The Populist Imagination

The Populist Imagination

On the Role of Myth, Storytelling and Imaginary in Politics

Jorinde Seijdel

January 17, 2011editorial,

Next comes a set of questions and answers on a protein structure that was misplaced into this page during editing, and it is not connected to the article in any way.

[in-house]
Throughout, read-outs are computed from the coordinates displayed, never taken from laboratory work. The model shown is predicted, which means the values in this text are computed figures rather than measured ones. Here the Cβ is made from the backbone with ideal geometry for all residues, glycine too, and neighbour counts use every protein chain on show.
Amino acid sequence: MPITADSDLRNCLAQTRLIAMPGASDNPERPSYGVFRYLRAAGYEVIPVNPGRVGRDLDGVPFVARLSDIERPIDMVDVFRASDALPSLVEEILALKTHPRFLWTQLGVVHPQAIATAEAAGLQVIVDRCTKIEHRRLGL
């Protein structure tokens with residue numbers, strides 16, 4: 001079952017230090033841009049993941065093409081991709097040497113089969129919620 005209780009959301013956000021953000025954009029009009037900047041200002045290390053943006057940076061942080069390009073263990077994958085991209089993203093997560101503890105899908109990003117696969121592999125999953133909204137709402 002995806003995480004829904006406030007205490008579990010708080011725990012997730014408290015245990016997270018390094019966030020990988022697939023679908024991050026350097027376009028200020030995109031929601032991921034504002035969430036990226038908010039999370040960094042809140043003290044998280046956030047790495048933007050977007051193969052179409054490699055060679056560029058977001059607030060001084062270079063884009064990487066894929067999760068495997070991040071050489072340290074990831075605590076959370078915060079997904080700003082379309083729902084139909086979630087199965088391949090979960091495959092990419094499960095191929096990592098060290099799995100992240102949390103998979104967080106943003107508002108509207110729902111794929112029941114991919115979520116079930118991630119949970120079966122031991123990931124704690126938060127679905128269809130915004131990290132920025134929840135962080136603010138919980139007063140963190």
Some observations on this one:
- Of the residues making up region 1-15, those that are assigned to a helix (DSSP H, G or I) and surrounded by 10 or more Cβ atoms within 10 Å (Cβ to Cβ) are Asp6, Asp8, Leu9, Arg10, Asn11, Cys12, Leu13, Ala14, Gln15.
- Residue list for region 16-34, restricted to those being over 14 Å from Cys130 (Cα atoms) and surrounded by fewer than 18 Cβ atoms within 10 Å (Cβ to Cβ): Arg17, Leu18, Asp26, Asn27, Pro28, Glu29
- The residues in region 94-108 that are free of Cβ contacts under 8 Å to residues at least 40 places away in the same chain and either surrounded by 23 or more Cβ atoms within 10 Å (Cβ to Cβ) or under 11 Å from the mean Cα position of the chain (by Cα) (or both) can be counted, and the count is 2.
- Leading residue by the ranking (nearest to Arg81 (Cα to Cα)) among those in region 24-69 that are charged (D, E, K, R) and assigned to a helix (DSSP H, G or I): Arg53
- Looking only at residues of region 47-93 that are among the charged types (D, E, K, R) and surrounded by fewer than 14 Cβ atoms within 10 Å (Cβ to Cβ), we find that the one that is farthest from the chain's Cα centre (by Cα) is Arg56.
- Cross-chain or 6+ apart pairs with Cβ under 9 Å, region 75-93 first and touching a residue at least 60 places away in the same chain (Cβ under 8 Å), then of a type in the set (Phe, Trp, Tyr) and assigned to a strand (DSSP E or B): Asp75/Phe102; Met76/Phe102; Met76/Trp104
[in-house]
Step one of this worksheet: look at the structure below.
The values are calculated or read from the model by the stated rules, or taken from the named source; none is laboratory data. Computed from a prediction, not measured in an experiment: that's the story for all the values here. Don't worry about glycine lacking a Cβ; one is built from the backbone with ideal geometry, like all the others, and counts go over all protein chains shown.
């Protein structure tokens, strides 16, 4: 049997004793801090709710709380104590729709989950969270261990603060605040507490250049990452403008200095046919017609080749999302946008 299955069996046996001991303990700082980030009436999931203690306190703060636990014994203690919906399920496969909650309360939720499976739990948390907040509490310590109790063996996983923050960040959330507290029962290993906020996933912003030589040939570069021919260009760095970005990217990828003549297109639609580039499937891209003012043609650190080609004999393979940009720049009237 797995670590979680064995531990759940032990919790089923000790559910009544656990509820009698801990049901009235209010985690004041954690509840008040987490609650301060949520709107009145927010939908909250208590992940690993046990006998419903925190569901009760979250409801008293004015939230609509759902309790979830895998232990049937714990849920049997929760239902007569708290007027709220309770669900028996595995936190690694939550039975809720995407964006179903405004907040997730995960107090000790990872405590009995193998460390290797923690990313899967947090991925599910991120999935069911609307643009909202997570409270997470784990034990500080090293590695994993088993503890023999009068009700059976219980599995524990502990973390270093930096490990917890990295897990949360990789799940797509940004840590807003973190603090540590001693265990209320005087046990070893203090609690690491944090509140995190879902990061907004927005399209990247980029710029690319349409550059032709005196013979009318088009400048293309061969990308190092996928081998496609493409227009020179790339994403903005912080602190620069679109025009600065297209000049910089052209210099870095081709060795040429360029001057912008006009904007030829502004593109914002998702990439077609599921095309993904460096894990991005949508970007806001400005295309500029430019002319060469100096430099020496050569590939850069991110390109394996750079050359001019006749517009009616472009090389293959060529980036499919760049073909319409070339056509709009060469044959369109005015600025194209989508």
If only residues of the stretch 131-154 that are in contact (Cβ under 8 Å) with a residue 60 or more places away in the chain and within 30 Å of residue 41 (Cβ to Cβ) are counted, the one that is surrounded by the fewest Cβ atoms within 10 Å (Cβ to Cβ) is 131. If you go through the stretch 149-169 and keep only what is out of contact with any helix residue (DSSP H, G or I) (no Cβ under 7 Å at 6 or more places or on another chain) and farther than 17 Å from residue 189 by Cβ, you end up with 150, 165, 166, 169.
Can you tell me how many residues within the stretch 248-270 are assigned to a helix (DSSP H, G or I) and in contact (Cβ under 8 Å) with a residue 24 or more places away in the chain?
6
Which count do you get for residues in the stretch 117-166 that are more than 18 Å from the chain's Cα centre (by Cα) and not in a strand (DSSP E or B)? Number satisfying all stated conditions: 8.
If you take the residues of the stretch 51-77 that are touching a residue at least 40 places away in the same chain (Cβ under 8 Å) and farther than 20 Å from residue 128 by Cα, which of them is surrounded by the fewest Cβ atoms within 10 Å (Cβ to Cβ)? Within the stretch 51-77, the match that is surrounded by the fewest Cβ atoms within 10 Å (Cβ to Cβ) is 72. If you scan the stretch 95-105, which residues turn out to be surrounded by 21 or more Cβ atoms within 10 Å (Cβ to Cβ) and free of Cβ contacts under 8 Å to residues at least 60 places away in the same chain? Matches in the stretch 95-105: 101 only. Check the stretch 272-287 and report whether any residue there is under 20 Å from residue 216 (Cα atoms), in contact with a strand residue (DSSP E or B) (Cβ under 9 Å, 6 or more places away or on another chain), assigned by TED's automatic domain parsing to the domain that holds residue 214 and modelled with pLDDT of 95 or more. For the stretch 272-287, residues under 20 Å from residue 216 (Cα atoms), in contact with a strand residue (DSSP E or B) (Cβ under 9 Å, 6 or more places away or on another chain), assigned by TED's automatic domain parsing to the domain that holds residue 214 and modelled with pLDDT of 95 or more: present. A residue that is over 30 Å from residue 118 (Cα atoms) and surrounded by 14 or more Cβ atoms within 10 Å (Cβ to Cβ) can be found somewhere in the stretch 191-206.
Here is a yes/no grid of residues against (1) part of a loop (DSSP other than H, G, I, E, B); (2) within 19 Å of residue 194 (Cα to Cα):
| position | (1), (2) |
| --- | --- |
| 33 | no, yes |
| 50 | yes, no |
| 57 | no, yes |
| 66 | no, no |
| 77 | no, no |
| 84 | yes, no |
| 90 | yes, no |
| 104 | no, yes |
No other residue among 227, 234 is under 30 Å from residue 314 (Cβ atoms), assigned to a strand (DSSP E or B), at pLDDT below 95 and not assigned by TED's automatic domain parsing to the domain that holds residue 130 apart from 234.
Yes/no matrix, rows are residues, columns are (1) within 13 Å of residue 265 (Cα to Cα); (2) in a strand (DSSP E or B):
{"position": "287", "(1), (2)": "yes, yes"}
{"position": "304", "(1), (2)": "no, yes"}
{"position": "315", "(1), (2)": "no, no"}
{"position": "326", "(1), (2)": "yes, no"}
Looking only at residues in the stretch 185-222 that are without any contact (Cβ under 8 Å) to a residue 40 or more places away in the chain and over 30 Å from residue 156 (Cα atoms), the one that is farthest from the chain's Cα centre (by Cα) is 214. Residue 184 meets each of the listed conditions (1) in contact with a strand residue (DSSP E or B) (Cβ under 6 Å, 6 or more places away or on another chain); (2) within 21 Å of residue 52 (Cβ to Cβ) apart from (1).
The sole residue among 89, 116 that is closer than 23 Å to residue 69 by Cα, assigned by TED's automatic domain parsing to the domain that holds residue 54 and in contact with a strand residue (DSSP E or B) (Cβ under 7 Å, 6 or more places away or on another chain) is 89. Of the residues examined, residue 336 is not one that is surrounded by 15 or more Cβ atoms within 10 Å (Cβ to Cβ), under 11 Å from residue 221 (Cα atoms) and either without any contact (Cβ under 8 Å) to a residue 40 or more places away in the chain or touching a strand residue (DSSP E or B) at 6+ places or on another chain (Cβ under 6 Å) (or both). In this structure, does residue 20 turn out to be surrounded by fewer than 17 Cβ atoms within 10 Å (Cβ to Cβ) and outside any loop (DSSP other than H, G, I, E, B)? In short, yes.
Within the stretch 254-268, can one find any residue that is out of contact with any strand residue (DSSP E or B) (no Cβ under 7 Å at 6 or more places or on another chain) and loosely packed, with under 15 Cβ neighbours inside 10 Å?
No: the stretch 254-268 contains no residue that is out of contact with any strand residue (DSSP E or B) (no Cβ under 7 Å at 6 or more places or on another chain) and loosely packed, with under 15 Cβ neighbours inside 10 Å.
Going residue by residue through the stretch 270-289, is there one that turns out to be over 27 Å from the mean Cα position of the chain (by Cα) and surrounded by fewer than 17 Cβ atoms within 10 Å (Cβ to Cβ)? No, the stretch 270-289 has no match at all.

‘Some may have forgotten, but politics still always is imagination, the capacity to dream collectively, to tell stories; politics still always accommodates a form of mythology. If we want to take populism seriously as a political force, we must above all consider it in the light of these aspects. At the same time, we must ask ourselves the difficult question of why our own politics no longer can appeal to the imagination.’ With this provocative statement, guest editor Merijn Oudenampsen sums up the theme of Open 20 in his introductory essay. Sociologist / political scientist Oudenampsen (b. 1979, Amsterdam) conducts research on Dutch populism, and among other things is working on a book on populism and the politics of symbols. He is also the editor of www.flexmens.org, which reports on ‘everything that makes life unpredictable – migration, war, art, crisis, modernity, and the housing market’. Perhaps someone of his generation is precisely the one who should pose this urgent question about politics and the imagination, someone who can go beyond the moral, rational and politically correct standpoints of traditional criticism, and far beyond the protest generation of 1968, in considering and questioning the current populist spectacle.